PianoNews - November/December 2008 - Written by Hans-Dieter Grünefeld
A Subtle Beethoven Interpreter and a film concept with aesthetic justification
A concert is a concert. Quintessential for our judgement is, what, how and by whom we hear it. In a film, however, the visual presentation additionally guides our attention. Therefore, the Direction for the live concert “Jerome Rose plays Beethoven Sonatas” came up with something inventive.
The spatial variability of camera positions was very restricted in the small hall of Yamaha Artists Services in New York. In order not to stay in a dull atmosphere of bleak documentation, four standard perspectives – frontal, sideways from the pianist, as well as sideways and from above the stage - are used in fast, smooth cuts. That’s why Jerome Rose appears quite relaxed while playing the Sonata Op. 101; his interpretation is guided by inner composure. Especially concerning the sound, the dissonances have, as in Sonata Op. 109, a clear function, and they are not retouched by him.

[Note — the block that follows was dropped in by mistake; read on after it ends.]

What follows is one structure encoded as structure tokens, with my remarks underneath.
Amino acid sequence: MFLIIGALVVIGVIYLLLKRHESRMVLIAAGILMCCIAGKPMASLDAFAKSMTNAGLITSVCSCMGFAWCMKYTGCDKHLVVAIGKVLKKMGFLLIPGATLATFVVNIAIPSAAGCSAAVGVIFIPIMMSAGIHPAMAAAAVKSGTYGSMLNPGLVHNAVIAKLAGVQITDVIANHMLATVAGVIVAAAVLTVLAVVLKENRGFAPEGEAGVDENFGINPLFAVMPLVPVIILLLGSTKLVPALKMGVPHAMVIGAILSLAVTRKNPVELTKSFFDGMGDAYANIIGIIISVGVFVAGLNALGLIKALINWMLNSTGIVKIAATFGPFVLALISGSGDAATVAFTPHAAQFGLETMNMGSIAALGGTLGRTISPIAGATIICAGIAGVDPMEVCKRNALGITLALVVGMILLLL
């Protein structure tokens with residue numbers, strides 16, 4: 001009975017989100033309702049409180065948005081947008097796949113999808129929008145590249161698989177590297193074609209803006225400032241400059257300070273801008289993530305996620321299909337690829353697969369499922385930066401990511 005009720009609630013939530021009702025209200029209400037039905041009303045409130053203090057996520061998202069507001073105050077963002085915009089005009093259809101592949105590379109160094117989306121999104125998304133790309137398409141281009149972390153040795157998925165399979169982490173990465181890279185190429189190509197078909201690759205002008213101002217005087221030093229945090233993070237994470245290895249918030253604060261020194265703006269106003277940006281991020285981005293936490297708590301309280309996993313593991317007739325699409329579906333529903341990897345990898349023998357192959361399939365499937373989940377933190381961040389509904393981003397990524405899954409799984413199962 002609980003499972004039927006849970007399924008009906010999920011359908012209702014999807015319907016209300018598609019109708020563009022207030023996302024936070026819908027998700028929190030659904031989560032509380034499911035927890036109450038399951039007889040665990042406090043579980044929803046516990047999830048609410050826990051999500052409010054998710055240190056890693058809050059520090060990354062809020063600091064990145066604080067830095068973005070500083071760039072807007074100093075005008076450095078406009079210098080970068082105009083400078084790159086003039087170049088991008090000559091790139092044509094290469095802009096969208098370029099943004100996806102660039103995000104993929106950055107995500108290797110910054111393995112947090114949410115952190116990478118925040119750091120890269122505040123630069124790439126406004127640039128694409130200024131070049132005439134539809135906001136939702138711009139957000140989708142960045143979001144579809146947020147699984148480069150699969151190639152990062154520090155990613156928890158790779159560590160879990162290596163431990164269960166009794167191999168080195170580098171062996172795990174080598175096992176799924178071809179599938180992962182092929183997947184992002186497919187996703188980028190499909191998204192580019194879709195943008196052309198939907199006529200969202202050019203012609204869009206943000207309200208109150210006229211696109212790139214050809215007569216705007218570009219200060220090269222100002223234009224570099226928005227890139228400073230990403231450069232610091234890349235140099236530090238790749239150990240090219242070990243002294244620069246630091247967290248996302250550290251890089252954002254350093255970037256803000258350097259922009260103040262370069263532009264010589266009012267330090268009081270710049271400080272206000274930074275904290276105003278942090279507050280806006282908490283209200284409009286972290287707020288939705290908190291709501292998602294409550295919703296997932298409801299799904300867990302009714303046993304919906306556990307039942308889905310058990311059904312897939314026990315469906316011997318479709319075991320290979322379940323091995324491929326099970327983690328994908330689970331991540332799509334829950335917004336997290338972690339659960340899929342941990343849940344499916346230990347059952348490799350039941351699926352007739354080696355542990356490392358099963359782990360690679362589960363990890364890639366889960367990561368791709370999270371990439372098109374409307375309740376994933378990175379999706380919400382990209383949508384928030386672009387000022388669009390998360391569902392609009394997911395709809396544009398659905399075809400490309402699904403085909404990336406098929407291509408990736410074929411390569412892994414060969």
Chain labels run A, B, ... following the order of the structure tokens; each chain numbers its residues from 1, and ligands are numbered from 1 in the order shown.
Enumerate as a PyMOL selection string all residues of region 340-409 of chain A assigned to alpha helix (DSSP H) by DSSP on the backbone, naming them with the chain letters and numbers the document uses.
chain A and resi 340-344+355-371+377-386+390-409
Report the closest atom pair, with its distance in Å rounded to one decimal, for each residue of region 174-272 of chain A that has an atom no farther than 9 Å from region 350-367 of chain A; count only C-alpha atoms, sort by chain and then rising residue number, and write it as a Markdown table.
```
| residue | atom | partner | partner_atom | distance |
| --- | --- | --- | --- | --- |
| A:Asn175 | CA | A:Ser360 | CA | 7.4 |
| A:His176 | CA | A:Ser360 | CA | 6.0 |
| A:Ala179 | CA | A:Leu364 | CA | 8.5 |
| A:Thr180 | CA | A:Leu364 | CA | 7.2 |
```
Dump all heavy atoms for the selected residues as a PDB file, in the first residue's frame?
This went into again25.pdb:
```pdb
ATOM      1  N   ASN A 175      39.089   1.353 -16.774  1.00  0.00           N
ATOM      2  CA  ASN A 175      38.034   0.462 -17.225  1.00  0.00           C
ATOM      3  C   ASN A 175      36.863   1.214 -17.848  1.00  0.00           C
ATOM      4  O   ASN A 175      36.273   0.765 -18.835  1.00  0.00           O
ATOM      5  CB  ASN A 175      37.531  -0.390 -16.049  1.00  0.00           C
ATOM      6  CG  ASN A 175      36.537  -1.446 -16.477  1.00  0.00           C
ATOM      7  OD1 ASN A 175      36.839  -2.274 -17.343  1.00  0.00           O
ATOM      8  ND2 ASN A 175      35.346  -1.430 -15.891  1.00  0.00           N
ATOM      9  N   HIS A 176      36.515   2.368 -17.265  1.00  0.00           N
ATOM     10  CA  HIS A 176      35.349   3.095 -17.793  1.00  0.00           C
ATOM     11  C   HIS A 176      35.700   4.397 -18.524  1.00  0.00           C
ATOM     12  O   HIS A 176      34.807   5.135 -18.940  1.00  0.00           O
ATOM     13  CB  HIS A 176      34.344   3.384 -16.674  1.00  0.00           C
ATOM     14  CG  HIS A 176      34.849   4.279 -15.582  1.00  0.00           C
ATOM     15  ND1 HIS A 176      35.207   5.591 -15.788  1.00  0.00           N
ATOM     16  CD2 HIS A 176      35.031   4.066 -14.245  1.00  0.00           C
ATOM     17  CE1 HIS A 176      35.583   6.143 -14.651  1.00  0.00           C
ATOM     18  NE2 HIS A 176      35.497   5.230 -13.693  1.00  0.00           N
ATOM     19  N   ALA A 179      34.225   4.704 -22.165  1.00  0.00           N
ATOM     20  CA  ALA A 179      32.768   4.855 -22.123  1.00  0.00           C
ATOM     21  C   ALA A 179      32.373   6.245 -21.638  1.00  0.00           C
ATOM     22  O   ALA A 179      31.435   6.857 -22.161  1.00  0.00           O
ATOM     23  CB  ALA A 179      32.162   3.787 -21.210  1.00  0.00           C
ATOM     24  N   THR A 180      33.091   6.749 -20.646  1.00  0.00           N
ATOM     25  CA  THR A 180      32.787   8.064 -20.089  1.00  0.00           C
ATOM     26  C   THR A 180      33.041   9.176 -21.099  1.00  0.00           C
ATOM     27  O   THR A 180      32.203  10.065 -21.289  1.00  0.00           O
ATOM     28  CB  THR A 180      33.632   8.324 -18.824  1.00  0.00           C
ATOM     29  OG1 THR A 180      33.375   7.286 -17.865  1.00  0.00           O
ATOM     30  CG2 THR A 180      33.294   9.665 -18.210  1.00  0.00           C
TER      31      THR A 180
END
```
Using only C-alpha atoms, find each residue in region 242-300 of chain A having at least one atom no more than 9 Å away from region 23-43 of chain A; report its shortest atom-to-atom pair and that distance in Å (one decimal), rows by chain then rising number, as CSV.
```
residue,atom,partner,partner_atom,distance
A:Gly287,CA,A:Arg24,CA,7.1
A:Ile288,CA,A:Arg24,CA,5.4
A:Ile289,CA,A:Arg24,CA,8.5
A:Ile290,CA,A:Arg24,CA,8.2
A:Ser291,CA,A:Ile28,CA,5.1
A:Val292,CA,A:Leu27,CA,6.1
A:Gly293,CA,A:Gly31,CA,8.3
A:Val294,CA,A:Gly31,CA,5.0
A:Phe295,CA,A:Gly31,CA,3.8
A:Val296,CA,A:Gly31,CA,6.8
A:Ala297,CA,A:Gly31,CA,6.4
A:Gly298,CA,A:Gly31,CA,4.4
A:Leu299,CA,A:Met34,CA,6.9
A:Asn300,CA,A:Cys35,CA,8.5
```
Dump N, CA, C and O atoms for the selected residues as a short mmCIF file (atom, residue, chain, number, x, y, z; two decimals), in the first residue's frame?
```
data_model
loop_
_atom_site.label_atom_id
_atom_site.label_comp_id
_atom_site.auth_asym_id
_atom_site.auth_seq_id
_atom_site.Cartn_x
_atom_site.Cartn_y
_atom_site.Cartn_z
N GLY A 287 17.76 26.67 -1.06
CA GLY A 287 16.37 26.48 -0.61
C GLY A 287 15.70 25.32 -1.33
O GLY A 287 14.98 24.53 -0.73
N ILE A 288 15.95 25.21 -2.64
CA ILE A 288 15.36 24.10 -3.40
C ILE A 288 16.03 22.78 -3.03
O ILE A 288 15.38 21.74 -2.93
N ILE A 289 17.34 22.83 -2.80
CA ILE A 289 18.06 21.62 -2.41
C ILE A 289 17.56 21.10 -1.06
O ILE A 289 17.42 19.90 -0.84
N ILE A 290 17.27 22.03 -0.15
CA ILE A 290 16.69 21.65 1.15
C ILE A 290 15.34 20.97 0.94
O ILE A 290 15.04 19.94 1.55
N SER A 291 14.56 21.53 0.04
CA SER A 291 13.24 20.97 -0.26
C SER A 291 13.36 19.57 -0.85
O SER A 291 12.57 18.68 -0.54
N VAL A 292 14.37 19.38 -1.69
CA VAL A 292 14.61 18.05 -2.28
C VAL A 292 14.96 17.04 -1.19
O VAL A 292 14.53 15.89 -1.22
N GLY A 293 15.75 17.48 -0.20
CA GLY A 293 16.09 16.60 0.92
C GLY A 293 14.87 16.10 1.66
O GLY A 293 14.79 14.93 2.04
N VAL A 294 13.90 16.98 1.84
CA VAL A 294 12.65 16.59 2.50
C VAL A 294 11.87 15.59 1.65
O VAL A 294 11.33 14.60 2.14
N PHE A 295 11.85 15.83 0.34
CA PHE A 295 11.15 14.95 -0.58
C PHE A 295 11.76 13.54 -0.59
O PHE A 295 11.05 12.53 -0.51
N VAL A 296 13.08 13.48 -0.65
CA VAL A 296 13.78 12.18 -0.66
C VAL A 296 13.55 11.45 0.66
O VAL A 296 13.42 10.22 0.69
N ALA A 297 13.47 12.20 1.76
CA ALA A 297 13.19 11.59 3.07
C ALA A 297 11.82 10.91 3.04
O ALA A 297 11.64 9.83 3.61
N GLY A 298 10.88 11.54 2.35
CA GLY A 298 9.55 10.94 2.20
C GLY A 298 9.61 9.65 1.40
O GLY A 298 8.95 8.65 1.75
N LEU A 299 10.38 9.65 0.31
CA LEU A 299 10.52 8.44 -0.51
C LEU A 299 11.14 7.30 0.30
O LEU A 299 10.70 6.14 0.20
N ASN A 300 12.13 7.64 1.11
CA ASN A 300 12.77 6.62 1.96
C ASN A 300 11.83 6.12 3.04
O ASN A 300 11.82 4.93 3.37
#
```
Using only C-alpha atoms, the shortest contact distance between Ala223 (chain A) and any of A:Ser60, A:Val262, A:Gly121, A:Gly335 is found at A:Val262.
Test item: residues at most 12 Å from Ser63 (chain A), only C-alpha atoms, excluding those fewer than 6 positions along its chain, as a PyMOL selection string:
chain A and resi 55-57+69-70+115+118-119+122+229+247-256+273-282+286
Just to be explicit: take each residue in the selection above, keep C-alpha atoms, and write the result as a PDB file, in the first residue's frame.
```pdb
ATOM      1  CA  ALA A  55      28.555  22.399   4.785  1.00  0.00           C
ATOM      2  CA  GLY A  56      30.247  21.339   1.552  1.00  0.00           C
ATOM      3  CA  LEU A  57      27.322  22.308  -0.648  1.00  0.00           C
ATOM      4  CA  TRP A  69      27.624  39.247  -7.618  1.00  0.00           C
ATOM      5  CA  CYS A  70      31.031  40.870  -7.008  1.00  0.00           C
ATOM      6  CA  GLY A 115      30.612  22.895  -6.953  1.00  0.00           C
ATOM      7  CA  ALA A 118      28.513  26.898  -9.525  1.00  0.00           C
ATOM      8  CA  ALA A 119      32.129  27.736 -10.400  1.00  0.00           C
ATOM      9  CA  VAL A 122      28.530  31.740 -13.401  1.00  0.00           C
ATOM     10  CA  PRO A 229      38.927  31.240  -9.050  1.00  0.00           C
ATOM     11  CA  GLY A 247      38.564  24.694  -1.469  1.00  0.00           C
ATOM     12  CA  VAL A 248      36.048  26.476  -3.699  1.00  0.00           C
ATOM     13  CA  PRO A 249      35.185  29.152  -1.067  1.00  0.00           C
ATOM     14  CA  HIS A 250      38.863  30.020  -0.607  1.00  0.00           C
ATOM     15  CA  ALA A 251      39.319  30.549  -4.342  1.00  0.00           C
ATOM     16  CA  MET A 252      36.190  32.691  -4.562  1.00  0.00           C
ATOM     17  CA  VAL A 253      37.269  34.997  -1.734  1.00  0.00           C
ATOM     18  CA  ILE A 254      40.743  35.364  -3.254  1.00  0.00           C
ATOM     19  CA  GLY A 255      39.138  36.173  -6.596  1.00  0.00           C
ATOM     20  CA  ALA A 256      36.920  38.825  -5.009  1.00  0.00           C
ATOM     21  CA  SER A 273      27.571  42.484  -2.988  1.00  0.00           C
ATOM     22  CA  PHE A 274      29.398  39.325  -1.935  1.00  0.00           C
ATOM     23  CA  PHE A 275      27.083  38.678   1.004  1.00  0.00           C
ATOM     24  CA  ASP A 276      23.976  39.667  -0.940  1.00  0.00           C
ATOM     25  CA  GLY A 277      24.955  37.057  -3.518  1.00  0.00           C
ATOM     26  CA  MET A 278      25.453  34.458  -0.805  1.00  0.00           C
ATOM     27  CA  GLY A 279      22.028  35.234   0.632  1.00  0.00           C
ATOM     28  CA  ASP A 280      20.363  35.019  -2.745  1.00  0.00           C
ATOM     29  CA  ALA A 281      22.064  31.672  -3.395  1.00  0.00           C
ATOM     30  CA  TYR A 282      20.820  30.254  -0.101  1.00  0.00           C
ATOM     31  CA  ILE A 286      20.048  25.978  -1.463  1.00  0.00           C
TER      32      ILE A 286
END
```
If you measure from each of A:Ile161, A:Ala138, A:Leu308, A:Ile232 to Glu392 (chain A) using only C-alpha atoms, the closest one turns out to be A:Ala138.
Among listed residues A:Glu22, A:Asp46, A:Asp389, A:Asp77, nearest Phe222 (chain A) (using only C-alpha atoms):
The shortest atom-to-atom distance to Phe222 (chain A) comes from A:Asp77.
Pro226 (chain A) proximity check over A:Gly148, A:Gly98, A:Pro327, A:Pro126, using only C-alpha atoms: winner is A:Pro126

He brings the emotional build-up of ‘innigster Empfindung’ back to calmness by an almost seamless reduction of dynamics. One realizes and sees that Rose has been familiar with these sonatas since his youth, as he explains in the “Notes on Beethoven”.
The optic presentation changes for the Adagio of the Sonata Op. 110 as the picture is cut into four simultaneous images. That way, one isn’t drawn into the music so much, but rather has a certain distance to Jerome Rose’s introverted emotional facets through the movement of one’s eyes. Since such splitting of images is just one option of the camera direction and used often, the perception of Sonata Op. 111 with its dark “appassionato” becomes a more relaxed viewing pleasure.
So this production shows both Jerome Rose as a subtle Beethoven interpreter, and also a film concept by which the listening/viewing of piano music gets an aesthetic justification.